Dr. Kenneth W. Keuffel Gr’59, Lawrenceville, N.J., head football coach at the Lawrenceville School for 21 years, and a former freshman coach at Penn; Feb. 19. As a sophomore football player at Princeton University in 1946, he kicked a 30-yard field goal with less than a minute remaining in the game, giving Princeton a 17-14 victory over Penn. Recruited by the Philadelphia Eagles in 1948, he had a brief professional football career. He became a freshman coach at Penn in 1953, while earning his Ph.D. in English. He began coaching at Lawrenceville in 1954, where he remained for seven years, first as an assistant and then as head coach. He then turned to college coaching and took the Wabash College Little Giants through six winning seasons (1961-66). He returned to Lawrenceville in 1967, where he taught English and coached football until retiring in 1982. Known as Dr. K, he was respected and beloved by students. A former colleague noted, “One simply cannot thumb through the volumes of tributes and letters to him and fail to understand that lives, and lots of them, have been changed and enhanced, indeed transformed, by this man.” He founded and operated the Hall of Fame football clinic, which ran for 20 years and attracted coaching legends such as Joe Paterno, Dick Vermeil, and Bill Belichick. One of the last exponents of the single-wing offence, Dr. Keuffel was the author of two books: Simplified Single-Wing Football (1964) and Winning Single Wing Football: A Simplified Guide for the Football Coach (Swift Press, 2004). During World War II he served in the U.S. Navy in the Pacific Theater.
Kenneth W. Pearce WEv’59, West Chester, Pa., an accountant for 54 years for the old ACE America Insurance Co.; Jan. 5. He was a volunteer and mentor for the Elwyn Institute for many years.
Betty Lou Stibitz NTS’59, Philadelphia, a nurse who had worked in radiation therapy and oncology at Jefferson University Hospital, until her retirement in 1997; Jan. 29.
Dr. Evelyn V. Wiley Gr’59, Birmingham, Ala., Nov. 23.
Donelson F. Hoopes C’60, Steuben, Maine, a museum curator and art historian who was an authority on 19th-century American painting; Feb. 22. Early in his career he was appointed director of the Portland Museum of Art, where he arranged major exhibitions on Winslow Homer and Marsden Hartley. He was the curator of exhibitions and collections at the Corcoran Gallery of Art in Washington, 1962-64. There he organized a major exhibition, The Private World of John Singer Sargent, which traveled to three other museums. He also created and wrote the museum’s first recorded tour guide. From 1965 to 1969 he was curator of paintings and sculpture at the Brooklyn Museum. From 1972 to 1975 he was curator of American art at the Los Angeles County Museum of Art, where he added major pieces to the collection. He served on the Committee for the Preservation of the White House, 1977-82. As director of the Thomas Cole Foundation, 1983-97, he helped spearhead the restoration of Cedar Grove, the house in the Catskills of the Hudson River Valley artist. He retired in 1997. “At the peak of his career, he was known as a dashingly handsome man with a gift for conversation and a manner that reminded some of a character from a Henry James novel,” according to The Washington Post. He was the author of more than a dozen books, most-notably The American Impressionists (1972) and American Watercolor Painting (1977). He coined the term the American medium to describe the attraction of 19th-century American artists to watercolor painting. After his retirement he occasionally lectured on art and became involved in a local environmental organization, to which he donated his house for use as a retreat for art historians and artists. He had served in the U.S. Army, 1953-55.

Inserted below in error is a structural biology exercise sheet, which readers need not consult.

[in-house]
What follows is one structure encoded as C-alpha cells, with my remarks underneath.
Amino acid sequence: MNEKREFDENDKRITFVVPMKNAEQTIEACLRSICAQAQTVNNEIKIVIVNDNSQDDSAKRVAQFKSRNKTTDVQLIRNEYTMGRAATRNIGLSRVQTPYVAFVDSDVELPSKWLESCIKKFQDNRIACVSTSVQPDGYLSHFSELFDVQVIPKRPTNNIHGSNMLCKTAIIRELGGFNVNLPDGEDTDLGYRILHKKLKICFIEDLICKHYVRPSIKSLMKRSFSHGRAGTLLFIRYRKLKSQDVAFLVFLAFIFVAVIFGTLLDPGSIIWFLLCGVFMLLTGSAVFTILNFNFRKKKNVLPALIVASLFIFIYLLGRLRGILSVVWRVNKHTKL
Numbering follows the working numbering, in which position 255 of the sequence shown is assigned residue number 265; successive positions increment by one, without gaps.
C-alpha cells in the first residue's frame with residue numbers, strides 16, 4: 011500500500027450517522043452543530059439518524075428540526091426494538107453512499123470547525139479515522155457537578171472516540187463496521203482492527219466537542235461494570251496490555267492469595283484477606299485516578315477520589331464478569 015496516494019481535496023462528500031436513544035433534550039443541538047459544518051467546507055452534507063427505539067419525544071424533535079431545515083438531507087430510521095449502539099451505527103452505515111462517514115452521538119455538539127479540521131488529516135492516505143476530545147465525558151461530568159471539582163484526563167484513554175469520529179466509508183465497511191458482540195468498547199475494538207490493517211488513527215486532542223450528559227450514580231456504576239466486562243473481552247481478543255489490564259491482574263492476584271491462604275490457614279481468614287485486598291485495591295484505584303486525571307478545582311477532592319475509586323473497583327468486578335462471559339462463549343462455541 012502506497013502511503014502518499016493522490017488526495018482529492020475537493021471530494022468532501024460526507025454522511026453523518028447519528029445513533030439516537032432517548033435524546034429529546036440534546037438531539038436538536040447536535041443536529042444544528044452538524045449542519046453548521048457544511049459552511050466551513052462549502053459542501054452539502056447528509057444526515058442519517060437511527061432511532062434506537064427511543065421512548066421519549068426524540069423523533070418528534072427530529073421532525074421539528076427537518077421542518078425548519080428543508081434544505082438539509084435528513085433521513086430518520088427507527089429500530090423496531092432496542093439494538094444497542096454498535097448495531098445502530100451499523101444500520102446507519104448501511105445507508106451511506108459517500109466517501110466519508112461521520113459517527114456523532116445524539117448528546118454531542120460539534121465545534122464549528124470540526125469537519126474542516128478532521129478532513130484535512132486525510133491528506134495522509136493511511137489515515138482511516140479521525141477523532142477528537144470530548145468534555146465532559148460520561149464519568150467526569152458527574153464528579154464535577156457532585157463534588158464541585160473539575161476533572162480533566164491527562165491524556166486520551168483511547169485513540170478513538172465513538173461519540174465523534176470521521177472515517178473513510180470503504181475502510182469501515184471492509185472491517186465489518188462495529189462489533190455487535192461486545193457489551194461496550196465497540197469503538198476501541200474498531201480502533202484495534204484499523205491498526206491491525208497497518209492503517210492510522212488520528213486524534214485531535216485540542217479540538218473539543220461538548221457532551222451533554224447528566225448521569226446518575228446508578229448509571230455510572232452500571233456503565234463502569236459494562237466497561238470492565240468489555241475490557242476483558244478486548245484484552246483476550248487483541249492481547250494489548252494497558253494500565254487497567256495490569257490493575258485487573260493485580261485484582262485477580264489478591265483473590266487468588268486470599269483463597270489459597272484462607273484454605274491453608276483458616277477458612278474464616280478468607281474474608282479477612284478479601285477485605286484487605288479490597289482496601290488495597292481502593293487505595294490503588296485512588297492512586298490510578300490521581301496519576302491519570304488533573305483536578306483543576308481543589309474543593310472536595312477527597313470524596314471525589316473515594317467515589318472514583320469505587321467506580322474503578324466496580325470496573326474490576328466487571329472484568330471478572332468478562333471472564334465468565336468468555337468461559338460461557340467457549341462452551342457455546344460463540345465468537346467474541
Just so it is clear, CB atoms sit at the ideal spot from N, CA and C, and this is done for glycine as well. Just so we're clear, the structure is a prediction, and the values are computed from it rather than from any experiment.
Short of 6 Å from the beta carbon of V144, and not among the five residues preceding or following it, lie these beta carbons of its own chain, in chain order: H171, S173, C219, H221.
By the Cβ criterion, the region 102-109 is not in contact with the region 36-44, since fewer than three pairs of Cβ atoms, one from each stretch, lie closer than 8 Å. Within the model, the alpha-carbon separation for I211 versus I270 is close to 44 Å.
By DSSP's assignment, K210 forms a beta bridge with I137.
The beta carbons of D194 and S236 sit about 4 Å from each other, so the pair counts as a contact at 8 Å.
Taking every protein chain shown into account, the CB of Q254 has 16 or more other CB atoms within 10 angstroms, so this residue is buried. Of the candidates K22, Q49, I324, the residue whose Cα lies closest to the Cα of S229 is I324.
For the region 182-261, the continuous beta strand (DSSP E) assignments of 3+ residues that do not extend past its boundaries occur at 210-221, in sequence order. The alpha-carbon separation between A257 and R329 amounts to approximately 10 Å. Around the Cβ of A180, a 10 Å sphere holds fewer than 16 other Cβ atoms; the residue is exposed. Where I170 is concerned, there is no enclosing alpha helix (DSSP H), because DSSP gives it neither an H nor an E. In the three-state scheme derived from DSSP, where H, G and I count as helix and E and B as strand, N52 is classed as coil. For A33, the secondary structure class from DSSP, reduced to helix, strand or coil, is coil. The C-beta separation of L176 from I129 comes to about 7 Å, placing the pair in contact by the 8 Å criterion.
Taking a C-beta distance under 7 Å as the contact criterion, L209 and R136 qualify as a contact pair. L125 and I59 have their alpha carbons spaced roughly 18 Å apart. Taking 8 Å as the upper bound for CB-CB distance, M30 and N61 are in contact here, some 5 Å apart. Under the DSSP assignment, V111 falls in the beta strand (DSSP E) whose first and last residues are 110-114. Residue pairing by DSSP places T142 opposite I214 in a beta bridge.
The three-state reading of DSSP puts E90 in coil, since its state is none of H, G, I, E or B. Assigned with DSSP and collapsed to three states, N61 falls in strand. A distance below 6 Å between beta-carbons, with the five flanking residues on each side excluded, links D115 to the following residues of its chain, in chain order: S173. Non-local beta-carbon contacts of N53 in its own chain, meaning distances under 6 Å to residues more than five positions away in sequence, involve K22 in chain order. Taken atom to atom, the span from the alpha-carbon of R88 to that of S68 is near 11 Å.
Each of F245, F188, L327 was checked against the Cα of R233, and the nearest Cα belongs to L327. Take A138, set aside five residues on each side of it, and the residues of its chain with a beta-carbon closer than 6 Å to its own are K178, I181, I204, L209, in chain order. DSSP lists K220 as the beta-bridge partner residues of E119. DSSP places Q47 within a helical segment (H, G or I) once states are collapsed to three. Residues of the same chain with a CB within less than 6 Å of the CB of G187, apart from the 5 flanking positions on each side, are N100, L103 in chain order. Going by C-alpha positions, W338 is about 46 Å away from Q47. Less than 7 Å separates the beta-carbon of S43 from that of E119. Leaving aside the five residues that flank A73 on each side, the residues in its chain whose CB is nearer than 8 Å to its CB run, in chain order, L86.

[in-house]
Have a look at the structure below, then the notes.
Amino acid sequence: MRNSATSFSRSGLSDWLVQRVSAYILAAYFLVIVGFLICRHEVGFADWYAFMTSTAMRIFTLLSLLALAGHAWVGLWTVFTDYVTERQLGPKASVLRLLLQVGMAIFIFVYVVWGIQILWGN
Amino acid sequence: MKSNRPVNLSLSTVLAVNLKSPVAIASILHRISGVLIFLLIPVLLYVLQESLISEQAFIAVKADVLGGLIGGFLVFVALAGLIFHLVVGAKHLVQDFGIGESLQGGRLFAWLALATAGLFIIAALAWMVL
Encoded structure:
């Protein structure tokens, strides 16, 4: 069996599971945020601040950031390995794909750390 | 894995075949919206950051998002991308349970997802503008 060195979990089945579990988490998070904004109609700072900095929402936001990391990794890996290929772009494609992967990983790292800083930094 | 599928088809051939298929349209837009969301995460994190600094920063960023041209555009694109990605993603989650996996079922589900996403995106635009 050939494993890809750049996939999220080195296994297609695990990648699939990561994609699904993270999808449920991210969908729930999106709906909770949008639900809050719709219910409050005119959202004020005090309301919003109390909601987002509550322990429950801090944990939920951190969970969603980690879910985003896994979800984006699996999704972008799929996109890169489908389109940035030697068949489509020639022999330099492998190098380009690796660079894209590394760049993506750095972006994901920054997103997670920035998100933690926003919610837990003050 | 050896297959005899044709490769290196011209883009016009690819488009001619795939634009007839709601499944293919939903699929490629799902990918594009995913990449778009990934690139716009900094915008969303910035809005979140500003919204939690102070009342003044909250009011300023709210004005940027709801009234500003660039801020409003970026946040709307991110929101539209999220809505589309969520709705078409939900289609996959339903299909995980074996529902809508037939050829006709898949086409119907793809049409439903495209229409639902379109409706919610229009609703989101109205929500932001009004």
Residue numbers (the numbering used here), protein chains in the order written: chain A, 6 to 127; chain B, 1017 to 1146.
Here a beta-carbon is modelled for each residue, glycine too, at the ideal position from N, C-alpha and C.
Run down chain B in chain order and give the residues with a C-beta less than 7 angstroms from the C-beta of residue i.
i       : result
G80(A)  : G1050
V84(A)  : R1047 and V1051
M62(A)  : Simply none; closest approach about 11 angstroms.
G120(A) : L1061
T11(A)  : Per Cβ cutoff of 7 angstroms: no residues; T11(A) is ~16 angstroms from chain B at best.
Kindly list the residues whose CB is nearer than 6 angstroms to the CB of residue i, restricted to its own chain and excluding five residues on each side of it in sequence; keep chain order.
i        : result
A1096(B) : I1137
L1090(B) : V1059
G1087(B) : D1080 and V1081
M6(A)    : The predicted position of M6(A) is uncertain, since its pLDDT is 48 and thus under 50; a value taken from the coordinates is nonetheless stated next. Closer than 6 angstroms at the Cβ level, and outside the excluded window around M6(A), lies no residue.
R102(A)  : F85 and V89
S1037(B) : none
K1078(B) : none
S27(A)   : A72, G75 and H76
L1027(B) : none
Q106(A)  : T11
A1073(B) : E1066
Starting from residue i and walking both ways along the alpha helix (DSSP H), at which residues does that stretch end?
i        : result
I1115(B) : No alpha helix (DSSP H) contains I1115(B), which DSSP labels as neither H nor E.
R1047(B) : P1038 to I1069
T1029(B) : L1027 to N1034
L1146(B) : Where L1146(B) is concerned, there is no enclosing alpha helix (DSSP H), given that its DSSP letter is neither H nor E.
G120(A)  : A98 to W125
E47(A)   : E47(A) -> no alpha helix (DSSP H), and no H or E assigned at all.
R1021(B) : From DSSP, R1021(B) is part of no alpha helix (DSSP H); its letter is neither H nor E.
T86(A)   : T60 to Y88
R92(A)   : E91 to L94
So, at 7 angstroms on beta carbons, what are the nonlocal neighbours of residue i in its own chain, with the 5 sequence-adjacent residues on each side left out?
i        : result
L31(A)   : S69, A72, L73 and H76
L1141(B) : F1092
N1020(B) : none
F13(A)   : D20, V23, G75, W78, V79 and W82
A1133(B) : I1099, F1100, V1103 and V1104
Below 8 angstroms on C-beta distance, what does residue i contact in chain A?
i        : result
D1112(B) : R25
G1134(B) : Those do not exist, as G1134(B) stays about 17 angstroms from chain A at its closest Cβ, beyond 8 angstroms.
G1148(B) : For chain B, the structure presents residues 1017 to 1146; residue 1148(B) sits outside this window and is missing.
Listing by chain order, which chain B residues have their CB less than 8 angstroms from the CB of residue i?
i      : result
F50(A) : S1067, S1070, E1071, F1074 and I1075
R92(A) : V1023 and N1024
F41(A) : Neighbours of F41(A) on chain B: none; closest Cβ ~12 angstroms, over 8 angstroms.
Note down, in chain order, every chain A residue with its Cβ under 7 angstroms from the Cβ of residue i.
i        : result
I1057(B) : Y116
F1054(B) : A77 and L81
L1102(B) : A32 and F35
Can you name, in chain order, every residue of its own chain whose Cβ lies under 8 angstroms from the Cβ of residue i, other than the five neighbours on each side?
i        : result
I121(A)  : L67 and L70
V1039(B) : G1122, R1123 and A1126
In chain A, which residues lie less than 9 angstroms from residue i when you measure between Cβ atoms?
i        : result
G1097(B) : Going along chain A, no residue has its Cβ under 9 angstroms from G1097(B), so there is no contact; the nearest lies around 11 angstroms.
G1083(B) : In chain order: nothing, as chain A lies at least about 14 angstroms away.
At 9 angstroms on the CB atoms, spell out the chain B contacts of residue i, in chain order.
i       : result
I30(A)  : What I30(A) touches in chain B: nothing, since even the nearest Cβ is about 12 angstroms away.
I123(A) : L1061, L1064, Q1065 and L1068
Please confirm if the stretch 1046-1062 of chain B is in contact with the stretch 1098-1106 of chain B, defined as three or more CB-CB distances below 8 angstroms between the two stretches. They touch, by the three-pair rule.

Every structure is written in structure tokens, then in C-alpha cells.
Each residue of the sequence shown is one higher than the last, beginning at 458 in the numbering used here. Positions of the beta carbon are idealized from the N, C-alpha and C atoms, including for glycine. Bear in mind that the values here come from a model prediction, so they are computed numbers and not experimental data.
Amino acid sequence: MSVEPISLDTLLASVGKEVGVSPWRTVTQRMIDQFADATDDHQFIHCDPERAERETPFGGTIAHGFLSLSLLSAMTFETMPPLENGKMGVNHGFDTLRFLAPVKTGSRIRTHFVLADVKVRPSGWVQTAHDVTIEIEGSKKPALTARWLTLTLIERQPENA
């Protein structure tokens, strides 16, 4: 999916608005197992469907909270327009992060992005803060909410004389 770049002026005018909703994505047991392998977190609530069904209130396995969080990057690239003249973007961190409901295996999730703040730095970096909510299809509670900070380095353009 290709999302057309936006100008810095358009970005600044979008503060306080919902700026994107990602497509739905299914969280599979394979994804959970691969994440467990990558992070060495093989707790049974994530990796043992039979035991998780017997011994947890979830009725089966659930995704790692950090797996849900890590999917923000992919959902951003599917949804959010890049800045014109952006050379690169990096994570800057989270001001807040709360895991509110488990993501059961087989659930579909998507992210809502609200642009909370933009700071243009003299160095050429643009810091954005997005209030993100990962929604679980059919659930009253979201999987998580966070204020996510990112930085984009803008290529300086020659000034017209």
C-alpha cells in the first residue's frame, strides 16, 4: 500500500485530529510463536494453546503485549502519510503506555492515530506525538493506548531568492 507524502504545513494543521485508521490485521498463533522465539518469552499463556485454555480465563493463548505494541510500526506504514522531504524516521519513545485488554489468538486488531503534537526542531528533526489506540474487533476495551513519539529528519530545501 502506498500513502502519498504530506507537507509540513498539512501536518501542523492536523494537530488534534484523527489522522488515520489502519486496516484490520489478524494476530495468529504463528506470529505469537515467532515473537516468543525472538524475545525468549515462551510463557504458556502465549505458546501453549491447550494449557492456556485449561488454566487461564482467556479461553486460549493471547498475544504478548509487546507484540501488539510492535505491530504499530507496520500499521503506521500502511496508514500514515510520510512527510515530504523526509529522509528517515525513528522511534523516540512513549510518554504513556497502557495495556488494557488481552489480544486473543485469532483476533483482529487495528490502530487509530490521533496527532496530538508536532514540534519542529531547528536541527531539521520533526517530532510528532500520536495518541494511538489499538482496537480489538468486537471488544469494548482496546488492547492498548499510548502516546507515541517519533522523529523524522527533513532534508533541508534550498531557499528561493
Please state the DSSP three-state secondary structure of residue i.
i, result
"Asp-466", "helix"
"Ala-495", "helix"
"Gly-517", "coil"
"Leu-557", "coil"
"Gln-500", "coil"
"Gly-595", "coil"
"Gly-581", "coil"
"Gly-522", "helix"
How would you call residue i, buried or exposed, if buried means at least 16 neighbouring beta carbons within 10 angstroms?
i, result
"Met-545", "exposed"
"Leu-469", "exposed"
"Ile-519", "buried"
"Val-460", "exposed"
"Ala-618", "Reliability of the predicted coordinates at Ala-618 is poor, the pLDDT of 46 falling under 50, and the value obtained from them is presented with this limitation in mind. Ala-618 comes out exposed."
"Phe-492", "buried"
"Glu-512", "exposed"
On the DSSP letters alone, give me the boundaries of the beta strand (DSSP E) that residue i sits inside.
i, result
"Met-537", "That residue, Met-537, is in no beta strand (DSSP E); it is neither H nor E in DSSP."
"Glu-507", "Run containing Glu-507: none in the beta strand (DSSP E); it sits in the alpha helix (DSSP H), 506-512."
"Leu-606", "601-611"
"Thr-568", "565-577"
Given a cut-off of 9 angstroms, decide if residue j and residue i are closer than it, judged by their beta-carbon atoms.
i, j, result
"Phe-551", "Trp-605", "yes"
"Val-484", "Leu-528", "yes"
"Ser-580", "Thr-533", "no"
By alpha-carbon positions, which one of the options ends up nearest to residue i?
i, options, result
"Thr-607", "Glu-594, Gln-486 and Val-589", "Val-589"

Dr. Charles G. Quattrone C’60, Pittsburgh, an emergency medicine physician and surgeon; Jan. 16. His son is David C. Quattrone EE’96 W’96, whose wife is Robyn Cort Quattrone C’95. His brothers are Dr. Paul C. Quattrone C’52, Dr. Anthony F. Quattrone D’58, and Dr. Alfred J. Quattrone C’65.
Check W. Tsoi G’60, Philadelphia, April 1, 2005.
Annie Lin Liem Nu’61, Fairfield, Conn., the vice president of Connecticut Photo Blue, Inc., and co-owner of Budget Print Company; Feb. 7. She began her career working in new-drug clinical research and development at New York University Hospital. She was then the director of finance for the Junior League of Fairfield County. After obtaining a master’s in business administration and finance, she became an assistant vice president for Union Trust Bank. She served on the board of the Housatonic Community College Foundation.
Mary A. Simone Rider NTS’61, Cinnaminson, N.J., the retired director of managed care at Liberty Mutual Insurance Co. in Marlton, N.J., where she had worked for 22 years; Jan. 19.
Dr. Charles R. Smart GM’61, Salt Lake City, a retired physician; Jan. 28.
Nancy K. Connelly CW’62, Westtown, Pa., Dec. 9.